The Woman Who Left (2016) | Golden Lion Winner | Venice 2016

October 17th, 2016
Author: Meredith Taylor


Dir.: Lav Diaz; Cast: Charo Santos-Concio, John Lloyd Cruz, Micheal de Mesa, Sharmaine Buencamino, Nonnie Buencamino, Marjorie Lorico, Jean Judith Javier; Philippines 2016, 226 min.

After winning the Berlinale Silver Bear in February for his eight hour epic A Lullaby to the Sorrowful Mystery, Philippine maximalist Lav Diaz – as usual – directed, photographed, wrote and edited The Woman who Left, a revenge drama (running a mere 226 minutes), for which he was awarded the Golden Lion at the Venice Film Festival this September. Venice was where he rose to international fame, winning in the Horizon section for his seven and half hour long Melancholia (2008), a psychological drama about Philippine resistance fighters coming to terms with their defeat. The past and present of this war torn and utterly poor country, being the subject of nearly all Diaz’ films.

Horacia (Santos-Concio), a teacher, has been in prison for a murder she did not commit. We meet her first in jail, working the fields, and afterwards teaching some of her inmates reading and writing. After thirty years, she has given up any hope of a release, but out of the blue, her best friend Petra (S. Buencamino) confesses she was the culprit, having been paid by Rodrigo Trinidad (de Mesa) to frame Horacia. It seems Rodrigo wanted to punish his former lover for marrying another man. On the same day Horacia leaves prison, Petra commits suicide. After meeting her daughter Minerva, now thirty-seven, Horacia learns, that her husband has died and her son is missing. She starts leading a double life: during the day she organises the poor neighbourhood, setting up a restaurant, and teaching the children and young adults. At night, she turns into an angel of revenge, plotting to kill Rodrigo, a gangster who is living in a heavily guarded community. In the dark streets she meets the snack vendor Magbabalot (N. Buencamino) and another homeless man, Mameng (Jean Judith Javier), and finds out that Rodrigo goes every morning at five to the cathedral to pray. We watch Rodrigo, trying to confess to the priest, but he is just too proud and wicked to really repent. Horacia also takes care of the transvestite Hollandia (John Lloyd Cuz), a prostitute, who is beaten up. For the first time, Horacia opens up, telling Hollandia she was on the way to kill Rodrigo, when she found him injured in the gutter. She is unaware of the consequences this confession has, and we see her last in the fog and mist of Manila, distributing leaflets, looking for her son.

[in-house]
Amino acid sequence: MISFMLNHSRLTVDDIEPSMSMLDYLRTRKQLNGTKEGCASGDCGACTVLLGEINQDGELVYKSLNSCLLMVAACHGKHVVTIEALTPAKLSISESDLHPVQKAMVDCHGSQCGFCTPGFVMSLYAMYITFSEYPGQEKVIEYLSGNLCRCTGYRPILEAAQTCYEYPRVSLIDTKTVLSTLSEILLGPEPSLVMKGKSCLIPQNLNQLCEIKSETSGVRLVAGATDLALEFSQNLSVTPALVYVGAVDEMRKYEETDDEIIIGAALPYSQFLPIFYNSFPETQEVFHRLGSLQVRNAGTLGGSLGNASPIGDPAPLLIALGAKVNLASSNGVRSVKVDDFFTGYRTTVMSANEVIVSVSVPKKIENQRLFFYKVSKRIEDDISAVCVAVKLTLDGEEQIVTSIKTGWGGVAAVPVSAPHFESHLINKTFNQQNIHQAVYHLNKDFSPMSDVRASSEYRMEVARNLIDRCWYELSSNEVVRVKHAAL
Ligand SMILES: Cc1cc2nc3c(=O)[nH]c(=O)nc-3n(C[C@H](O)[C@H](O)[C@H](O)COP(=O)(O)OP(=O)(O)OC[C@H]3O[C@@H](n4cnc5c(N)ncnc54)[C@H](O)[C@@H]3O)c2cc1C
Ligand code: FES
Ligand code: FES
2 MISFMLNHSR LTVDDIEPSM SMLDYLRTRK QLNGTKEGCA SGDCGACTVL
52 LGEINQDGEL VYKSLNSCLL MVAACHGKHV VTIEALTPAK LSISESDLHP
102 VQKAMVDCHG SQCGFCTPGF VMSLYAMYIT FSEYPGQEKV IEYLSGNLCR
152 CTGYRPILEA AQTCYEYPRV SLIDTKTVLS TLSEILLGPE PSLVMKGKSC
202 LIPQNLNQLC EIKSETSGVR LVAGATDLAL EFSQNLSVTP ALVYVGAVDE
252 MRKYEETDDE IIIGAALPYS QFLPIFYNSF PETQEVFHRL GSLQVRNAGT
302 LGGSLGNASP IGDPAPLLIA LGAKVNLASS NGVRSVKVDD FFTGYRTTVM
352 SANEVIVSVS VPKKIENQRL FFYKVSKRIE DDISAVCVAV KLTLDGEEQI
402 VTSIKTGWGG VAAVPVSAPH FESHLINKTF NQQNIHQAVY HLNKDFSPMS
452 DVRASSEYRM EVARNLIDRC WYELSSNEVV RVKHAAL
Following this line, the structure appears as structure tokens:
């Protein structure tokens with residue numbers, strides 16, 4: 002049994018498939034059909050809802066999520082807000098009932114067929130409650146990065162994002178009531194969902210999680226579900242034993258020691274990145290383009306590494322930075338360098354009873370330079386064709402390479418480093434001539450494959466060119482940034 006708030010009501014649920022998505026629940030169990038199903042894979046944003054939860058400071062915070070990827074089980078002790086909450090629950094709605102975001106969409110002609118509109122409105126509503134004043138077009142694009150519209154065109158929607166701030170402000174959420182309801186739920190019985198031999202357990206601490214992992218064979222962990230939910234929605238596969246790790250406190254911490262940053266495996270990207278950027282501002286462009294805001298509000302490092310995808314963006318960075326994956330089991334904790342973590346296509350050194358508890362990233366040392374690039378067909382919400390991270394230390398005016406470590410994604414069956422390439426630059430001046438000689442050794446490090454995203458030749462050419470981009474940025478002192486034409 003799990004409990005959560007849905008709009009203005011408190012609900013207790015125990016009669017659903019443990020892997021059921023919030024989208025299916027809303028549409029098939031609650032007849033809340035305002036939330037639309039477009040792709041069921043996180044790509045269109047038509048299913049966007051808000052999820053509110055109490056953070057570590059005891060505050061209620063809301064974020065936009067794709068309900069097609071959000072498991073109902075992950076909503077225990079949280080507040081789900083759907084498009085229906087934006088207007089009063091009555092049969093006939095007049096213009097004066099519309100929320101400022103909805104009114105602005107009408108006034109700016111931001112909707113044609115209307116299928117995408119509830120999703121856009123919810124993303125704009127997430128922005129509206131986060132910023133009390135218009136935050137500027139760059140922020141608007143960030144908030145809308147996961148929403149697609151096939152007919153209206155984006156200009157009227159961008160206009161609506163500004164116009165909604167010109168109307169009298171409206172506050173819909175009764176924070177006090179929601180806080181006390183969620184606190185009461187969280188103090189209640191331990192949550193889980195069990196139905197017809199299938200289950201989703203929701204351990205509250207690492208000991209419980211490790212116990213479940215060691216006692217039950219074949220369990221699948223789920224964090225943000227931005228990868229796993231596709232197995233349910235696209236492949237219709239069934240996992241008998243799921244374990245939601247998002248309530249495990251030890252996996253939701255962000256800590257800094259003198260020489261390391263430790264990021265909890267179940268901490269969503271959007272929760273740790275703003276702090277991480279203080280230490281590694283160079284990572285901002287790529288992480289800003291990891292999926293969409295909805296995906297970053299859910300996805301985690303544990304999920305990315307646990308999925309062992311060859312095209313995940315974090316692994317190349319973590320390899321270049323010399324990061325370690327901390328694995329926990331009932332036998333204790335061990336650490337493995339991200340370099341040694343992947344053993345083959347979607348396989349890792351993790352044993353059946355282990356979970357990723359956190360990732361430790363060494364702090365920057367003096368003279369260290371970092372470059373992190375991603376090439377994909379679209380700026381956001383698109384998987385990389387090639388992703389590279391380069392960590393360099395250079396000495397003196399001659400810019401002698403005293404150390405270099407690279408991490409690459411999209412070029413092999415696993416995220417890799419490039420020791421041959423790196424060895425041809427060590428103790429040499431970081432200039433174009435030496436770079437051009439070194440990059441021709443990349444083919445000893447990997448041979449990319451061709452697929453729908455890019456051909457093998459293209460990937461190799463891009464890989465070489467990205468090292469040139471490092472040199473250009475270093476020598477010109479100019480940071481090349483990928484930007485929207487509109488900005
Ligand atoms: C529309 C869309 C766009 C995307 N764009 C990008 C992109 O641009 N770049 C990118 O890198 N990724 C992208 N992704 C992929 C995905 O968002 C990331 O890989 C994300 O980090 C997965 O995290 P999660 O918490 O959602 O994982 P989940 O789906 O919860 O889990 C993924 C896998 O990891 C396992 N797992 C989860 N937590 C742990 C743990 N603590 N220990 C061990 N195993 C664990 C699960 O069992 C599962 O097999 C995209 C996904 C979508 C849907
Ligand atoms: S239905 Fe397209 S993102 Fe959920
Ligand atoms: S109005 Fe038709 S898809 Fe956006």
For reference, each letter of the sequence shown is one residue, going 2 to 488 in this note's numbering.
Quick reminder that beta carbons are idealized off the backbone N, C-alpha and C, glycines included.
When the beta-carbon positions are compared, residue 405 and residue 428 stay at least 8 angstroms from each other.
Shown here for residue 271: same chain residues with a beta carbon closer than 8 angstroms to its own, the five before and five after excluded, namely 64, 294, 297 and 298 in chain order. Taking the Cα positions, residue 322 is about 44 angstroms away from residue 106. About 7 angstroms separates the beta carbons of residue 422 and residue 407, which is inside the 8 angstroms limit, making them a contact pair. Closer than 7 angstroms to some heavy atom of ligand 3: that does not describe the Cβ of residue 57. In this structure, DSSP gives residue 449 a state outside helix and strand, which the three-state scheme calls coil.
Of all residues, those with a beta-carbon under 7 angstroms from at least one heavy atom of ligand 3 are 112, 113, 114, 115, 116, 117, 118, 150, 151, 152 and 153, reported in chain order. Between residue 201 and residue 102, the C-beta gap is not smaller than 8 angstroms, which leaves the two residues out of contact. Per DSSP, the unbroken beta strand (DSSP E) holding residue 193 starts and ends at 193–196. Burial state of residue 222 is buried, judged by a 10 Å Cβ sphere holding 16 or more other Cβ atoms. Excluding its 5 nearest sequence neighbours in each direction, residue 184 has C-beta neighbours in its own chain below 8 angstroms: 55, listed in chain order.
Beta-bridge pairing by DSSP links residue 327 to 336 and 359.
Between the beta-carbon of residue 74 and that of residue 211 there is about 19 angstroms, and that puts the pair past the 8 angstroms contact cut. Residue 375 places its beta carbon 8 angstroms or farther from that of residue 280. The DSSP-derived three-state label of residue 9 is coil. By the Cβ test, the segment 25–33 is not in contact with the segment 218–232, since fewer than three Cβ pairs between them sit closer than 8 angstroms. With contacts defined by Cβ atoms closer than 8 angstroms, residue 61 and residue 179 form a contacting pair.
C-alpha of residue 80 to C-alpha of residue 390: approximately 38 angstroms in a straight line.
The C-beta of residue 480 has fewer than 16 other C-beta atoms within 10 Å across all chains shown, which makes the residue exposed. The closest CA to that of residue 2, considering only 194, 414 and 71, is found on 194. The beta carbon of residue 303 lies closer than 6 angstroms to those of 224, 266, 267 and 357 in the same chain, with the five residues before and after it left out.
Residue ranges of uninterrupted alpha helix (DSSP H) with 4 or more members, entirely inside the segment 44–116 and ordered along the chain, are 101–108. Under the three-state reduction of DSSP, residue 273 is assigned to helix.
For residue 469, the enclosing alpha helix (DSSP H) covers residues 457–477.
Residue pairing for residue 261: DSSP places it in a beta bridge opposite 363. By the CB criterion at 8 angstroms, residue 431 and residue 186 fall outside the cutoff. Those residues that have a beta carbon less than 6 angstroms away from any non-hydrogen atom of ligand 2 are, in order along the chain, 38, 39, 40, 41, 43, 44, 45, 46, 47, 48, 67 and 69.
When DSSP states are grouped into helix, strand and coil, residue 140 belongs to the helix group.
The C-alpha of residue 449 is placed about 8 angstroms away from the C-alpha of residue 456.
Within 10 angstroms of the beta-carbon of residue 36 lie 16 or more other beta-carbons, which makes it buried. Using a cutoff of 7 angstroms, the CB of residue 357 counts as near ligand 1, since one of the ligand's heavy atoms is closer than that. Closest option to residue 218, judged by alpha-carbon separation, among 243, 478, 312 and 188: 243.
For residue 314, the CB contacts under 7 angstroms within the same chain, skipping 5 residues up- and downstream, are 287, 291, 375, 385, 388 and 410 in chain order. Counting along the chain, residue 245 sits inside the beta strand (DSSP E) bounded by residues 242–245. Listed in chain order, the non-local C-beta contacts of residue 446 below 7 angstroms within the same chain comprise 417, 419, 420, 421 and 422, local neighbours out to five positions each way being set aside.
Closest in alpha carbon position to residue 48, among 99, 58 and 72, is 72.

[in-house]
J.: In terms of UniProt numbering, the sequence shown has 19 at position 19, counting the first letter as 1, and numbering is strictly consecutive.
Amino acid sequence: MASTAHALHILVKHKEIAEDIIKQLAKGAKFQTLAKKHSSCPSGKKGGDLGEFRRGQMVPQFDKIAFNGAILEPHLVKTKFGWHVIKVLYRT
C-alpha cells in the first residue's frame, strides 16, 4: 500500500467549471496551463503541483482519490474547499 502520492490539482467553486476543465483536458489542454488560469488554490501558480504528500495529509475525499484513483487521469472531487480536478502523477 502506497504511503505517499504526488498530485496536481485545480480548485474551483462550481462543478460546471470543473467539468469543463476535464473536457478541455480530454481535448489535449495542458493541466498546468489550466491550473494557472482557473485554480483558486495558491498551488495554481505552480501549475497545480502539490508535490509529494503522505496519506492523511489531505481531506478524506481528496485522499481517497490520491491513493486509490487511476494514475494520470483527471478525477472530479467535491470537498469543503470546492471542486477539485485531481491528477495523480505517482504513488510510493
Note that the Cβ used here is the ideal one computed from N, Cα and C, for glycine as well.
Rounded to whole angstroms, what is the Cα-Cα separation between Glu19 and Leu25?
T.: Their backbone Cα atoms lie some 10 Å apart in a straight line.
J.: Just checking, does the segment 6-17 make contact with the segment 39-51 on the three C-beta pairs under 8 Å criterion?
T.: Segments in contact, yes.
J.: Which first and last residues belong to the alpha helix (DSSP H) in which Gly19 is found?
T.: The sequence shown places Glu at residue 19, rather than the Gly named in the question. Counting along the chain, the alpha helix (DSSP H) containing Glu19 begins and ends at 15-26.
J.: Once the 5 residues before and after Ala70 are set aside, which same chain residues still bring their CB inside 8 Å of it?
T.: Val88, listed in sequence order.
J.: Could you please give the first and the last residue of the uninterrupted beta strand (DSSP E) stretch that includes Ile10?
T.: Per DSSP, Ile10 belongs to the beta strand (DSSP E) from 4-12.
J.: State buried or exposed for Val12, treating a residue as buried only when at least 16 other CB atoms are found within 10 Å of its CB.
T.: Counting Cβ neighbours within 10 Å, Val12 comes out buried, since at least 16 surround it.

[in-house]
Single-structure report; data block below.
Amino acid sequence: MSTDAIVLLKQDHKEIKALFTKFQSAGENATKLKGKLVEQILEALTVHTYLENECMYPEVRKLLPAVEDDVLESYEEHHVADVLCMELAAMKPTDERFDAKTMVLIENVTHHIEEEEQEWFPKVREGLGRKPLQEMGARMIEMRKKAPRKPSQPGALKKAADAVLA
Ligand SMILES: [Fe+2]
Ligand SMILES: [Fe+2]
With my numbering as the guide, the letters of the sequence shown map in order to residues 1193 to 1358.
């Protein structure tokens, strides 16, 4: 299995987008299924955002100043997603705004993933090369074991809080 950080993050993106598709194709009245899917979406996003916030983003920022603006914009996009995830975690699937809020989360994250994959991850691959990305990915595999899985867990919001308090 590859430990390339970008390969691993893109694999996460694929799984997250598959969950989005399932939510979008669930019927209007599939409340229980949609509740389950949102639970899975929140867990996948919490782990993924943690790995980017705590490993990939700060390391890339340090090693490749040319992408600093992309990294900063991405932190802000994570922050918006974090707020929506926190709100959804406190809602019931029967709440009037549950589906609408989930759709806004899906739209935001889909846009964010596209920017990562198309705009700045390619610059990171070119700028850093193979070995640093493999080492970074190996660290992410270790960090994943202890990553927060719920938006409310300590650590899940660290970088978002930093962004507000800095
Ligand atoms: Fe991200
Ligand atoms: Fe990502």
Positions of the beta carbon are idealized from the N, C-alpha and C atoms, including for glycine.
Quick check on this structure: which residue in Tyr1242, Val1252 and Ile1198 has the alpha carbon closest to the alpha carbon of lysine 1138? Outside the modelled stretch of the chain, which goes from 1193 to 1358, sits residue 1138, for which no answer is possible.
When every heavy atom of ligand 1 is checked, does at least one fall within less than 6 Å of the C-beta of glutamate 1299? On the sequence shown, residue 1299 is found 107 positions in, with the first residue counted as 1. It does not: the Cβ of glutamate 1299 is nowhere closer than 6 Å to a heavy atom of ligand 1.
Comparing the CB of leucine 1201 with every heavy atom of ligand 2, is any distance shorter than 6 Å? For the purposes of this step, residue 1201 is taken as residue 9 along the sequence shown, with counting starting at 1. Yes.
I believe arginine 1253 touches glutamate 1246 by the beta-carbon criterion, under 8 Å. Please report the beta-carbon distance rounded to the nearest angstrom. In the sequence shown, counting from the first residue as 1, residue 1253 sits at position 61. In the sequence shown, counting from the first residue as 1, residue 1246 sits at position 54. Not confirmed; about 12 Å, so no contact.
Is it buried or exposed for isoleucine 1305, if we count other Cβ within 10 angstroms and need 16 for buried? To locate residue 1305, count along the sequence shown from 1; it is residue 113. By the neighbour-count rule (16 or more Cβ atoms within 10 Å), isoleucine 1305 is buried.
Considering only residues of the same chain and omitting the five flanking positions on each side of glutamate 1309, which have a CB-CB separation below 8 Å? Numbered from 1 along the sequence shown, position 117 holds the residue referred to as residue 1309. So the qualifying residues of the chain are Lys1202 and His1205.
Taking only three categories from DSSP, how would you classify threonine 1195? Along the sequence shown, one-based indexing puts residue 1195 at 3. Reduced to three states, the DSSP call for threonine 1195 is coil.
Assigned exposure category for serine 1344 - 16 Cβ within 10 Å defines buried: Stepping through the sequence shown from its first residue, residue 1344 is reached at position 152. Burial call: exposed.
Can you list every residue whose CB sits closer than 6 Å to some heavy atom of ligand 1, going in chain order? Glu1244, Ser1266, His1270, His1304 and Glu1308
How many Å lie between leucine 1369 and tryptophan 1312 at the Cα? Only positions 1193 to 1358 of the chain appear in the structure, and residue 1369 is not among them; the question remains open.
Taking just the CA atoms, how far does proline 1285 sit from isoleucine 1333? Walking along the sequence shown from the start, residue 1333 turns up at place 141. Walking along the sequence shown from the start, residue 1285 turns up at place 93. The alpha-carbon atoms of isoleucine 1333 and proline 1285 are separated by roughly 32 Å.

The Woman Who Left is shot in the typical Diaz way: low key black and white, with high contrast lighting. It often feels like one is watching a silent film such as Metropolis, early Eisenstein works or the first part of Mark Donskoy’s Gorky trilogy My Childhood. When Horacia walks the nightly streets, she reminds us of Murnau’s phantom. The glacial pacing contributes to a nightmarish atmosphere, the blackest of noir. Horacia uses different names for herself, indicating that her personality is splitting. We see the shadow world she moves in, out of her POV: the focus is blurring, particularly at a scene at the beach, when handheld camera images get more and more out of focus. In common with many Diaz films, the past takes over the present, destroying the main protagonist’s identity.

Making her first screen appearance for over eight years after resigning as CEO of ABS-CBS Broadcasting Corporation, Charo Santos-Concio is brilliant in the title role. Dignified, but increasingly losing her faculties, she sings to herself more and more, and joins Hollandia for a chorus of “Somewhere” from Westside Story, one of the most touching scenes of this epic journey into darkness.

Whilst the editor in Diaz is still not disciplined enough to cut the favourite images of the DoP Diaz, The Woman who Left is still very restrained, compared for example with A Lullaby. For anyone who has never seen a Diaz film, it is difficult to explain the magnetism his work has: one is literally drawn into his world, lives through the film, the absurd length strangely helping this process of going into a parallel universe. He creates another world, and after leaving the cinema, anything seems simply second best. Diaz’ magic cannot be expressed with words, but when you watch The Woman who Left, you will understand. AS


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